July 15, 2020
In a late morning telephone press conference July 14, UUP President Fred Kowal expressed his strong support for state Attorney General Letitia James’ lawsuit challenging a new Trump administration policy that would deport international students who only take online classes in the fall.
By late afternoon, Kowal and UUP’s statewide officers were celebrating the news that the rules, put in place July 6 by U.S. Immigration and Customs Enforcement, had been rescinded.
“This is a great win for international students at SUNY and across America, and for higher education,” said Kowal. “The Trump administration has backed off its xenophobic, politically motivated policy, which would have forced campuses to hold in-person classes in the midst of the coronavirus pandemic and without regard to the health and safety of students, faculty, staff and communities that host SUNY campuses.”
The decision to rescind the new ICE rules came at an eight-minute hearing in Boston July 14 with attorneys representing Harvard, the Massachusetts Institute of Technology and ICE. Harvard and MIT filed suit July 8 to challenge the ICE rule changes.
Both sides agreed to keep in place a March exemption from ICE’s Student and Exchange Visitor Program that allowed international students with F-1 and M-1 visas to remain in the U.S. while taking all or most of their classes online. The reinstatement of the provision, put in place at the start of the pandemic with no end date, rendered the new ICE rules moot.
Fighting for right
UUP has been outspoken about its opposition to the new ICE rules—which were imposed without public notice. On July 8, UUP released a media statement that registered the union’s objections and its decision to stand with SUNY’s nearly 22,000 international students.
On July 9, statewide Vice President for Academics Jamie Dangler appeared on Albany TV news station WTEN to speak out against the ICE rules. The next day, Kowal sent a letter to SUNY General Counsel-in-Charge Sandra Casey expressing UUP’s “profound dismay” over the ICE rule changes and urged SUNY to legally challenge the changes.
At the AG’s press conference , Kowal reiterated UUP’s concerns about the ICE rules and said they would place the future of international students at SUNY in jeopardy and put them, as well as faculty, staff and SUNY communities, in danger of being exposed to the coronavirus. That exposure could lead to community spread and the possibility of more COVID-19 cases.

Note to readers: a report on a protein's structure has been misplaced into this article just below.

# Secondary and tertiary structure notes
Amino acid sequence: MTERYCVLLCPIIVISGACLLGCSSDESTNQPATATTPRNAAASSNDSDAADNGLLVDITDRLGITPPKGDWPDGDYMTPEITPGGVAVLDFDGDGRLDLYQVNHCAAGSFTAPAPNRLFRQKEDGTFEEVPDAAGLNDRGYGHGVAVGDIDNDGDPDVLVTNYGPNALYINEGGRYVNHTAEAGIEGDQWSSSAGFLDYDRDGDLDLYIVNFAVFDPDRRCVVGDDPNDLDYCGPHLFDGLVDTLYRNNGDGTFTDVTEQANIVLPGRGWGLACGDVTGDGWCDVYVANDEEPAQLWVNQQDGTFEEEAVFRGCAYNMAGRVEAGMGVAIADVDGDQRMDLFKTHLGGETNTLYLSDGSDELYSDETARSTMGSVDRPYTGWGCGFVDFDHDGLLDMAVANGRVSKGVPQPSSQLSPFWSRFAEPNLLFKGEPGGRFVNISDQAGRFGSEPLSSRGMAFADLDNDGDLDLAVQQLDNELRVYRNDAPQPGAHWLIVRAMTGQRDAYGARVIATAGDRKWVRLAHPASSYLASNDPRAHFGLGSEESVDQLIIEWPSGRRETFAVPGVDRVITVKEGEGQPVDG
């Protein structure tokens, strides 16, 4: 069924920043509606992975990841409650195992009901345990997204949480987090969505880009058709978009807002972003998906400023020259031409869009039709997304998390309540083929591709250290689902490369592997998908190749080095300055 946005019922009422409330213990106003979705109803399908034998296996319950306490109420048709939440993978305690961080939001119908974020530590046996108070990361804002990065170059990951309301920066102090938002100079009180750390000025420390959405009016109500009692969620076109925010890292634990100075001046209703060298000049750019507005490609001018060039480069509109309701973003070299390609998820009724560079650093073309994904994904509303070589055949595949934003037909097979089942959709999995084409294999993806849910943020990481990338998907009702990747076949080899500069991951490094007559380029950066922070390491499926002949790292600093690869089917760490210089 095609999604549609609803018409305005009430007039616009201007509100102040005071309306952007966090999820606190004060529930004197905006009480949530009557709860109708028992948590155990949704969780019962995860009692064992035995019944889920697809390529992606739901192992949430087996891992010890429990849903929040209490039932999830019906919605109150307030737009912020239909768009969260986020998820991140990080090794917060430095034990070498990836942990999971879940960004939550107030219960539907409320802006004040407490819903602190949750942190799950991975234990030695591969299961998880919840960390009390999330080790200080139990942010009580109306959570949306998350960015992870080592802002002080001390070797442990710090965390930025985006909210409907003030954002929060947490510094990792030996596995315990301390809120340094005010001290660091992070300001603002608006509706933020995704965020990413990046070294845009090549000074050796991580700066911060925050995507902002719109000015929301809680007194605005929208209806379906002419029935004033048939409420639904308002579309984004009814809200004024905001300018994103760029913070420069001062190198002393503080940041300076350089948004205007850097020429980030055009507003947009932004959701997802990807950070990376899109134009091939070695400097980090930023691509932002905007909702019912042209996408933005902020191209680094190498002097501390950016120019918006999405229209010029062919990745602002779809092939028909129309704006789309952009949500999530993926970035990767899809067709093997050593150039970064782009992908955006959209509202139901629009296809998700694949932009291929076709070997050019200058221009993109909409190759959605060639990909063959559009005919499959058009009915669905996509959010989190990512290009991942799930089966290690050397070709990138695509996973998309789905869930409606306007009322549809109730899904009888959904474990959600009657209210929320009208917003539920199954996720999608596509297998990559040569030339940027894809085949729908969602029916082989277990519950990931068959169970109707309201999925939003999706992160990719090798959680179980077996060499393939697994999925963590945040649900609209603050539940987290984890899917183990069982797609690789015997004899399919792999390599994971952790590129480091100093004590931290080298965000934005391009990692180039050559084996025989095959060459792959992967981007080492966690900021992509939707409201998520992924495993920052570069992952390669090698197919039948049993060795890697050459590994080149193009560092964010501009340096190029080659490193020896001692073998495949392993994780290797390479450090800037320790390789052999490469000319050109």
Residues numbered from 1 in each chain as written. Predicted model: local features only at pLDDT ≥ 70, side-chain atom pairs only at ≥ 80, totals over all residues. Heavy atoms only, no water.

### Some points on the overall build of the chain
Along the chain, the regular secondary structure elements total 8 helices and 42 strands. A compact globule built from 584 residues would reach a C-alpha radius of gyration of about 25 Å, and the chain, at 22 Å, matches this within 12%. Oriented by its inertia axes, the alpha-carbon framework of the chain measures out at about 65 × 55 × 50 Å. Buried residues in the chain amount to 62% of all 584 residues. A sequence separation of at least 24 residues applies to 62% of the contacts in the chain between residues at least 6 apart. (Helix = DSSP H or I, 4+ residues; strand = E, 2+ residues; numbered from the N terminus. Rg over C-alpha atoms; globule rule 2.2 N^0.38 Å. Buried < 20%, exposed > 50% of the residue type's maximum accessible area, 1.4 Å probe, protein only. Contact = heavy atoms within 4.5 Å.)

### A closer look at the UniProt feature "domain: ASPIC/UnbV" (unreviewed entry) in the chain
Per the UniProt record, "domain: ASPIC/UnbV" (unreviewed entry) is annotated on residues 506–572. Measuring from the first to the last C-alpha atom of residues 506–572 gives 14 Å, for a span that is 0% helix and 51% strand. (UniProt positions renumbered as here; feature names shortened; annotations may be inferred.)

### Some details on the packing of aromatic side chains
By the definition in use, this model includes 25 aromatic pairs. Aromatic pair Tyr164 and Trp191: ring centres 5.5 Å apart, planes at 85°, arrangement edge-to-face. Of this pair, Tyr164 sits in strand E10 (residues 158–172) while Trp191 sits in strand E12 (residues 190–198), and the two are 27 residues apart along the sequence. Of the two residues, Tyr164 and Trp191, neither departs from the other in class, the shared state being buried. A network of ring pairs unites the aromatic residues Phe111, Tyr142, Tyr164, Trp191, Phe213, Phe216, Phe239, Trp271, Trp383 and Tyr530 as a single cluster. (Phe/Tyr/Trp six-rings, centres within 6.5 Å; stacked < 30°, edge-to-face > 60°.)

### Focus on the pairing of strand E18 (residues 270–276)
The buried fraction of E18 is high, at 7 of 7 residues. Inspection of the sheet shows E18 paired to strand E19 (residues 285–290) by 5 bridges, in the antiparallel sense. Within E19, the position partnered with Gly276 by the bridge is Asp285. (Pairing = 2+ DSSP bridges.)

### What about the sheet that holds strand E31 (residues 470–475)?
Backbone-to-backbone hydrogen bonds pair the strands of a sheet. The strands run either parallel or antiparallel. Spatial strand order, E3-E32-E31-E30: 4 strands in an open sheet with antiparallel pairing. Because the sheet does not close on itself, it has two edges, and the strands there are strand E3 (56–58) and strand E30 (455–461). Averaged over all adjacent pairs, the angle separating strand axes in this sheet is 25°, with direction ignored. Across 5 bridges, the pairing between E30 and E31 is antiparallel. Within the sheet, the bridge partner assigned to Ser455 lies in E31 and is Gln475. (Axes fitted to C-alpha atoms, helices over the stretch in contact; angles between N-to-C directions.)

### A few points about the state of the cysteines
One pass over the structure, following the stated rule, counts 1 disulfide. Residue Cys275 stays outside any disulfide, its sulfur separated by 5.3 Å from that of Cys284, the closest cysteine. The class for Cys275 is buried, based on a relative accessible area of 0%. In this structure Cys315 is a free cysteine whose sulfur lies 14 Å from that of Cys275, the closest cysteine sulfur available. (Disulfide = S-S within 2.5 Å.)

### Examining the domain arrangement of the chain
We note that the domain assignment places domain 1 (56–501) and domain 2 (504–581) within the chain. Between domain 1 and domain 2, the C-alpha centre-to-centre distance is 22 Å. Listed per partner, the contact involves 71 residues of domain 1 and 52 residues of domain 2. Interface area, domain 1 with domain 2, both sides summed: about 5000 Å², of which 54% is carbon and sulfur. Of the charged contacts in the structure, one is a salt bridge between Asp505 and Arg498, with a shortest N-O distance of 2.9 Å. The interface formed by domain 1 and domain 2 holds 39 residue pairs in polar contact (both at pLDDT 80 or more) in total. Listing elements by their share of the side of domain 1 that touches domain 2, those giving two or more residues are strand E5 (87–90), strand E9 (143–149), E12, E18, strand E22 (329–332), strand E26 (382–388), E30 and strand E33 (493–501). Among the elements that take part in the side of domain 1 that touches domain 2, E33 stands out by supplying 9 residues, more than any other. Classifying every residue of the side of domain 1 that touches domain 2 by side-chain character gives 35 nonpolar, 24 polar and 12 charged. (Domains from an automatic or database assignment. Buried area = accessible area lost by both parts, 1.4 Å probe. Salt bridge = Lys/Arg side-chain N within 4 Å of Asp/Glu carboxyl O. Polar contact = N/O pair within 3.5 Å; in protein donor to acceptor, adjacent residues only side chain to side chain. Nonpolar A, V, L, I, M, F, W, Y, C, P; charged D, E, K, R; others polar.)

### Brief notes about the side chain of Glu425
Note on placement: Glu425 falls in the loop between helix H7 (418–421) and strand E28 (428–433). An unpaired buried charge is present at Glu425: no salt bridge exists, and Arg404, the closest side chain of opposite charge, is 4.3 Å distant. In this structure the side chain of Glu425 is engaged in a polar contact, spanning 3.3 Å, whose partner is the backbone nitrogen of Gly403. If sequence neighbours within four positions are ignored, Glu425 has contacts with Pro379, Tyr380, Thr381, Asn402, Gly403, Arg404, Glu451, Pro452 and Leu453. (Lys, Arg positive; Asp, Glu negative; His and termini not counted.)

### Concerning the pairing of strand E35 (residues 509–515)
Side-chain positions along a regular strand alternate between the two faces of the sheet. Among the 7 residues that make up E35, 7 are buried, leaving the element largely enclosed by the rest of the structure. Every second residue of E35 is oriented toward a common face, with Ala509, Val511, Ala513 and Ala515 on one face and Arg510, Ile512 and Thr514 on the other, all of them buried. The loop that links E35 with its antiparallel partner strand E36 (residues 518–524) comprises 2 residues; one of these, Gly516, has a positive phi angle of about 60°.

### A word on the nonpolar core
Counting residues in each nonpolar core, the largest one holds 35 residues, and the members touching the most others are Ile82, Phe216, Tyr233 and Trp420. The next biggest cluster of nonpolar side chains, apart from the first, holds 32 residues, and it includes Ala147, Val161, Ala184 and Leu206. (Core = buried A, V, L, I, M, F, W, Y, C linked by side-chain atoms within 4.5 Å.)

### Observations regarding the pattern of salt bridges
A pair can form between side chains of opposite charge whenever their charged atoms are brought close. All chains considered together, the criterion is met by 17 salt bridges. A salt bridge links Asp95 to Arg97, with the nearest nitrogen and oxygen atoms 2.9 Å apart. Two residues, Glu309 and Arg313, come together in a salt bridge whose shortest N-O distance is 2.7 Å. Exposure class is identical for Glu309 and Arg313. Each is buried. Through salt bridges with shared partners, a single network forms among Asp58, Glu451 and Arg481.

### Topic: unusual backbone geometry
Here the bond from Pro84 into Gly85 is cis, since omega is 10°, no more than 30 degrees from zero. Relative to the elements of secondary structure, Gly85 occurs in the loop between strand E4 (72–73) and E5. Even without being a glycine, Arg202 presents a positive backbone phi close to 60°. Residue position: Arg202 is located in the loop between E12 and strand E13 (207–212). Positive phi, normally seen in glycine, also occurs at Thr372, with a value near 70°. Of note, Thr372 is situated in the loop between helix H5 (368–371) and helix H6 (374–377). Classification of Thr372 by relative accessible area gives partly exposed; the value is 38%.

“If allowed, the new ICE rules would drive New York colleges and universities to reopen and expand in-person educational opportunities in perilous ways,” Kowal said. “International students provide crucial cultural, academic and financial resources to SUNY campuses across the state. They should be supported during this crisis, not demonized.”
New York lawsuit
James filed New York’s lawsuit and a motion for a preliminary injunction and a temporary restraining order July 13 in U.S. District Court for the Southern District of New York.
“To be clear, international students should never be used as political fodder for colleges to reopen their doors,” James said. “President Trump’s reversal of ICE policy not only threatens the educational paths of these students, it threatens our economy and our health. Schools should never have to choose between enrolling students in classes and maintaining public health.”
A former UUP member who taught at Empire State College in New York City, James said she filed New York’s lawsuit separate from other suits challenging the ICE policy because New York City and New York state have huge numbers of international students.
New York City has the most international students in the U.S.; more than 100,000 international students live in the city. The state has the second-highest number of international students in the country, James said.
Besides the Harvard/MIT case, attorneys general from 17 states—including Massachusetts, New Jersey and Connecticut—sued to block the Trump administration’s visa rule for international students.
Kowal said the ICE rule changes would have had a detrimental impact on SUNY research, potentially causing a “brain drain” because so many international students are involved in research at SUNY. Tod Laursen, SUNY provost and senior vice chancellor, said that more than 3,000 international students are involved in research at SUNY.
“SUNY’s research would be set back significantly by these new rules,” said Kowal before the rule change had been revoked. “UUP and our members are strongly opposed to the changes and we will fight along without our international students and communities to defeat it.”
The telephone press conference also included comments from PSC/CUNY President Barbara Bowen; CUNY Chancellor Felix Matos Rodriguez; United Auto Workers Region 9 Director Beverley Brakeman; Commission of Independent Colleges & Universities President Mary Beth Labate; and Beom Joon Baek, president of the Columbia College Student Council.